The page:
Monday April 16th 2018
Winds! When them winds blow, they blow.
Gary Berdeaux of Beachflight aviation, once again, went out of his way to assist me in my adventure. Meeting me at Salt Air Aviation, where I returned the car rental, and then taking me to his hanger, where the BZIM was sleeping, at 0730.
The forecast today was for blue sky’s and wind. A 25 mph head wind in thermic conditions isn’t particularly comfortable. Worse though, the 25 mph headwind would slow my progress, meaning an additional fuel stop en-route.
Departure from Jack Edwards was first toward Denton, on Dauphin Island. The flight to Dauphin Island was a nice slow flight. A distance of 28 miles traveled, should have taken 28 minutes at the BZIM’s 60mph speed, instead, it took almost 50 minutes!
Jeremiah Denton (4R9) airport, Dauphin Island was built on land reclaimed from the bay.
I’m told this can give an aircraft carrier departure feeling, but I guess that would be in an aircraft needing a longer departure run and at speeds faster than the BZIM.
After departure from Denton, I was advised by Gary, routing inland would lesson the wind speeds compared to following the coastline. Disappointed, as the plan was to fly low along the Mississippi River, this turned out to be a wise decision.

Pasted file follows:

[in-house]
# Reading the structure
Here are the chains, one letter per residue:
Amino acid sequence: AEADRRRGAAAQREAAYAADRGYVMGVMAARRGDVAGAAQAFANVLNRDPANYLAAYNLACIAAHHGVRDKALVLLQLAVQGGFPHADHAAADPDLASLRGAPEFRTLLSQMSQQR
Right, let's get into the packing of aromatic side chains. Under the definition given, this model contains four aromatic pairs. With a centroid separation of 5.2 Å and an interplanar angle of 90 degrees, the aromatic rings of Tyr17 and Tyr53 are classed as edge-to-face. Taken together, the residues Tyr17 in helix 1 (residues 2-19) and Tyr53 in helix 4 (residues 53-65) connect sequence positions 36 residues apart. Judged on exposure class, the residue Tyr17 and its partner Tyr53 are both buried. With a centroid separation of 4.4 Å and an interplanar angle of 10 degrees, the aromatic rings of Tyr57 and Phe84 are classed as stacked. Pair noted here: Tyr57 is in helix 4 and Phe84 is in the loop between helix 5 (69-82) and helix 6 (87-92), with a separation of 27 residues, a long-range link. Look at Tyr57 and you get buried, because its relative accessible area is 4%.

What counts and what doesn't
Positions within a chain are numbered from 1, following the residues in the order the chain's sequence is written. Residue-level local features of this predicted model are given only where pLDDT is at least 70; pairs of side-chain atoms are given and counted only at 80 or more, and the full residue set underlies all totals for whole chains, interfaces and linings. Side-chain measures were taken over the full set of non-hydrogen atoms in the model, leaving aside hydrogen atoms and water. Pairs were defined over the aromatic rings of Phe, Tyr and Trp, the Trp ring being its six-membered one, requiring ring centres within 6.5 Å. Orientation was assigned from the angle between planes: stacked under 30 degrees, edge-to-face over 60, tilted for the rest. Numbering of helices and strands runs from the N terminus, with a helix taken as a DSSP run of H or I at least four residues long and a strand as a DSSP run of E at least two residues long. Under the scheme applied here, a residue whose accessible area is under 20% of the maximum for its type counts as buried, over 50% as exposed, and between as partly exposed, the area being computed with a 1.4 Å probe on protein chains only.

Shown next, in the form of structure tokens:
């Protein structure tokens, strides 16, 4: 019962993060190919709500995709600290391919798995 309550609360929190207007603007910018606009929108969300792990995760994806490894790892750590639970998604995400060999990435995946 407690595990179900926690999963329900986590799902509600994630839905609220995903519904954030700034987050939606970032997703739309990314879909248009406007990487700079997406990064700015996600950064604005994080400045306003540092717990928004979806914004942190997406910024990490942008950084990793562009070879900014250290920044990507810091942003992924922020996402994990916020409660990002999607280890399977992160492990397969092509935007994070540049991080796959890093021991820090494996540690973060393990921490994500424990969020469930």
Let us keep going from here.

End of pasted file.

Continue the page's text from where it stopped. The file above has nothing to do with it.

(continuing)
For the short period, where a low level section was flown, the air was very turbulent and the view was not as pretty due to the previous days torrential rains. Much nicer was the area from where False River Airport got it’s name.
The flight from Denton to False River (HZR), for refueling, took 4 hours 39 minutes to fly the 211 miles.
Having missed “Tora Tora Tora”, a Commemorative Air Force team who recreate the Japanese attack on Pearl Harbor team, at SunNFun, due to my early departure, it was nice to see the aircraft at False River (HZR).
A regular gas station, near the entrance to the airport at False River, was trekked to. The airport manager offered a ride to the station, but it wasn’t far and stretching the legs after 4 hours 40 minutes felt good. The FBO has a nice area and feel with free snacks, coffee and water.
Next stop, Eunice (LA90) only 60 miles away would allow the BZIM’s tanks to be filled using Mogas (motor gas). This was done quickly and by 1620, the BZIM was on it’s way to Livingston (00R) 160 miles to the west. Most of this area is densly covered with trees. The area is largely swamp land with a few alligators I am told!
Although Livingston does not have unleaded fuel at the airport, a local gas station just over one mile away resulted in a late evening walk. Even though no fuel was purchased at Livingston, Dan Burrows allowed access to Burrows Aviation building for the night.